Reposted with permission from the Hobbs News Sun.



Out of a job due to the oil and pandemic crises? Unemployed workers have a new resource for getting back to work in Lea County.

Effective today, the Economic Development Corporation of Lea County, in a joint project with the Hobbs Municipal School System, offers a solution to “get Hobbs back to work.”

According to the New Mexico Workforce Solutions website that also credits the U.S. Bureau of Labor Statistics, Lea County’s current unemployment rate is 8.6 percent. Lea County’s average wage is third in the state, according to NMWS, at $1,104, exceeded only by Los Alamos and Eddy counties.

Collecting skills and contact information in both English and Spanish, the EDC survey will allow the organization to connect people with potential construction employers.

“The intention of the survey and the marketing plan is for us to reach out into the community,” EDC president and CEO Missi Currier explained. “We know folks are looking for work and we recognize they are hopeful and excited to stay in the region.

“This (initiative) allows us to do outreach to the community and say, ‘Are you a skilled tradesman? Are you a skilled laborer. Are you willing to learn a trade? Then, please let us get you connected with some of the companies that might be hiring,’” Currier continued.

By texting “build” to 474747 or emailing, unemployed or under-employed workers can start the process to get local employment in the construction field.

“We’re really focused on trying to find ways to empower the residents of Lea County to know there’s still so much good in the community and so much opportunity to build on in the community during this tough time and going forward,” Currier said.

With the construction of the Hobbs Municipal Schools’ $45 million Career Technical Education building to begin in late July or August, general contractor Albuquerque-based Bradbury Stamm plans to hire locally where possible.

“Working in close partnership with the Economic Development Corporation of Lea County and the Hobbs Municipal School to find and hire locally has been unique,” said Bradbury president Lawrence T. Peterson.

“These efforts will certainly benefit the current construction projects in the community and hopefully create the smooth process for more local hires in the future,” Peterson continued. “Our team appreciates everyone’s time and effort on this community initiative.”

Chairman of the EDC board of directors Josh Grassham said the initiative helps both local employees and the companies’ bottom lines.

“These subcontractors that are bidding on these projects will bring the people from outside if they don’t know the labor pool is here,” Grassham said. “Then, they have to pay them per diem and lots of other costs. So, this will help the schools and the taxpayers if we’re able to have our local folks stay here in the community. We know oil is going to be back. So, we hope to keep our folks here and help drive down the cost of having people coming in from outside.”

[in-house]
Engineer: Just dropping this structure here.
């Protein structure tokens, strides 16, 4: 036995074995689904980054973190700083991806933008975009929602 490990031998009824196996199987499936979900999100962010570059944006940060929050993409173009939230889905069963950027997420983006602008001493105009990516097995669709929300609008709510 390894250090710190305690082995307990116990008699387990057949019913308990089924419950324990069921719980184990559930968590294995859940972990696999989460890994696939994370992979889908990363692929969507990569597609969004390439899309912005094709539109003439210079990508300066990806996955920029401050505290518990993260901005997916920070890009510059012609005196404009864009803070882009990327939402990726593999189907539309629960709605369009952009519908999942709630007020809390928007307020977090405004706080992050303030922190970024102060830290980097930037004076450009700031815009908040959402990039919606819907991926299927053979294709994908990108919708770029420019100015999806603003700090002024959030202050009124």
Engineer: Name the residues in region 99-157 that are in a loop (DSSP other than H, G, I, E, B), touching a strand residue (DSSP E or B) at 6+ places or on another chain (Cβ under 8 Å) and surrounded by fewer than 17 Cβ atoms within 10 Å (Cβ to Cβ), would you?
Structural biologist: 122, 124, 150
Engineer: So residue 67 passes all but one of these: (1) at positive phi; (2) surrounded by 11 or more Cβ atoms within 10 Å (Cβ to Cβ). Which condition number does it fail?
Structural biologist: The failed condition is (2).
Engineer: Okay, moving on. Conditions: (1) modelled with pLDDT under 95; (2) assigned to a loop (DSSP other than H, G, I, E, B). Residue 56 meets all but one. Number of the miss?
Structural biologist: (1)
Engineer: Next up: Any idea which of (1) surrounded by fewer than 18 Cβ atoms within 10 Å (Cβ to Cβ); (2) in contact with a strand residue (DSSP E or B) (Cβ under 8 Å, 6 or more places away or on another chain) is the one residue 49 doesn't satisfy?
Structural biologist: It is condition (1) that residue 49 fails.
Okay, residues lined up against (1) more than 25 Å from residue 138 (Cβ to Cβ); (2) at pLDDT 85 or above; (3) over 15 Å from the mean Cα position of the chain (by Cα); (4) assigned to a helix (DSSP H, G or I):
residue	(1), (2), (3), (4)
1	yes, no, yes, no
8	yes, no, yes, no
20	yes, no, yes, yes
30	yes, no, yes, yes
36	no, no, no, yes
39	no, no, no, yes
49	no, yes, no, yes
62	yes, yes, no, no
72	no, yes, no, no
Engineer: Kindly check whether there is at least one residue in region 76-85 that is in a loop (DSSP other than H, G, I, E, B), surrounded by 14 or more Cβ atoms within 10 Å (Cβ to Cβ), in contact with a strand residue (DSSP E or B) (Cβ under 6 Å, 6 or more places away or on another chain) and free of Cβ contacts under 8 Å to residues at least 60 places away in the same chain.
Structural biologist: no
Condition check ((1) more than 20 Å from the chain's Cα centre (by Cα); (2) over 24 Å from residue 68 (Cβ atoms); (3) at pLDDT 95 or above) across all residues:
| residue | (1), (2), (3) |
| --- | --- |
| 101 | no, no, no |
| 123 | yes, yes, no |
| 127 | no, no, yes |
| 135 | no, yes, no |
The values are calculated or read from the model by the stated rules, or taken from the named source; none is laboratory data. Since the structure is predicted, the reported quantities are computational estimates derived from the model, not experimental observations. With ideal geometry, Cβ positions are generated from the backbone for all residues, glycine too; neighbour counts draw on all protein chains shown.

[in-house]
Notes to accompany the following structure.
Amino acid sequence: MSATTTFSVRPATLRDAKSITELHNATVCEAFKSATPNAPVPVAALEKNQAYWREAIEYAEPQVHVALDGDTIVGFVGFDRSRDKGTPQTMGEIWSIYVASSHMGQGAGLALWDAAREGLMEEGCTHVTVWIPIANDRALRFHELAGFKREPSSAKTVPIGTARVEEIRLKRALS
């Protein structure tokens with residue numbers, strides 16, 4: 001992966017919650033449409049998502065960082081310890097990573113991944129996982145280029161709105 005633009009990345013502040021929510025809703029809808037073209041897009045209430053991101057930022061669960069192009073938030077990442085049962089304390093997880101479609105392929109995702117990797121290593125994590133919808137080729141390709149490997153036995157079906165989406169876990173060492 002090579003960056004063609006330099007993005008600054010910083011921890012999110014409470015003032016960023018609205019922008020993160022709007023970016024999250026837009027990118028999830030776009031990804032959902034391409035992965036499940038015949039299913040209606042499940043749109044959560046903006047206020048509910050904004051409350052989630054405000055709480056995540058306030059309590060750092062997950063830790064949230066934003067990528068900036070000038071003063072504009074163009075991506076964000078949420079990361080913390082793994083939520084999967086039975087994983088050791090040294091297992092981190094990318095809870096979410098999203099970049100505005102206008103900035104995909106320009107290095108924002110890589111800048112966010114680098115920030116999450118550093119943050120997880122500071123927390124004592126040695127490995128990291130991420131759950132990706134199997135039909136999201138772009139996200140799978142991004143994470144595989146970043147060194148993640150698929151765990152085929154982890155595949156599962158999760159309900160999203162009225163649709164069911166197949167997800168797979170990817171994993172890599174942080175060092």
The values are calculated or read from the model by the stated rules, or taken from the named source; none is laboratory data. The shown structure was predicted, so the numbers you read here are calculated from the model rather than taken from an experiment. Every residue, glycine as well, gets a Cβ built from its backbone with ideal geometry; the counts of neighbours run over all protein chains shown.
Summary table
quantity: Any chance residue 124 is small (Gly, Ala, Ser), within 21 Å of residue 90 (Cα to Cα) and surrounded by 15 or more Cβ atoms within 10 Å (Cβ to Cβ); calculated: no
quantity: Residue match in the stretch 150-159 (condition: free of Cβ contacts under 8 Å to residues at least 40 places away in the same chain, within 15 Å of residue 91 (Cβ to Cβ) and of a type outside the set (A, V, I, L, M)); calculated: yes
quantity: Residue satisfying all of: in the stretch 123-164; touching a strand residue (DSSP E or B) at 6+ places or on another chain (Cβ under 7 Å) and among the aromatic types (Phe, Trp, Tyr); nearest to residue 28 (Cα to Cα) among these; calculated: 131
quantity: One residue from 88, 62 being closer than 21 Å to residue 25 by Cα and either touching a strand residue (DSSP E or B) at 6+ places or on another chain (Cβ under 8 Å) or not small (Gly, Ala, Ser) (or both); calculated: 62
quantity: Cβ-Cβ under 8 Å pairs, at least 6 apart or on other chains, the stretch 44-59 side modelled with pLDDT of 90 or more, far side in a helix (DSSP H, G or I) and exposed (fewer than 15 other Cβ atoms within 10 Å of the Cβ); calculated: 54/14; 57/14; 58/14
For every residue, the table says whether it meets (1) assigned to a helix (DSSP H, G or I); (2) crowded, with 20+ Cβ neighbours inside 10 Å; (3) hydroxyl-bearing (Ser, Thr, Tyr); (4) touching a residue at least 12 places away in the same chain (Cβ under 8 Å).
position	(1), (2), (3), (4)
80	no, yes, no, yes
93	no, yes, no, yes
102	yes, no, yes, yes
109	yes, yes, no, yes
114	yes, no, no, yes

Grassham also mentioned the community pride of helping to build the CTE facility.

“They’re going to tell their kids and grandkids, ‘I helped build that,’ Grassham said. “That’s a great thing for our community and it will help people stay here and keep our economy going strong.”

HMS associate superintendent Gene Strickland said completion of the CTE is expected to occur in January 2022.

“We want this to be a cross-section of our workforce, and we want those folks that have the skills to participate,” Strickland said. “We want this to be a Lea County project. Since the CORE (Center of Recreational Excellence), it’s the largest project in our community.”

Currier said once a worker sends a text or email, the EDC will tell him or her how to access the five-minute online survey, either by computer or smart phone. Paper copies in English or Spanish may be obtained from the EDC if those electronic means are unavailable to the worker.

Other projects workers could transition into include the planned construction of the new Covenant Hospital and the new Southern Heights Elementary School.

Grassham said the EDC hopes the data collection, initially for the CTE construction, will help provide labor for the other projects as they come on line.

“So, if the oilfield hasn’t picked up, these guys could still have work,” Grassham said. “This is a great place to live and we definitely want to keep as many people as possible here as the economy starts to open up. That’s our ultimate goal. The stronger our economy, the more businesses come our direction and we can show we broke through the worst oil bust ever and our economy didn’t shrink. It just kept growing. That’s what our hope is here.”

Curtis C. Wynne may be contacted at .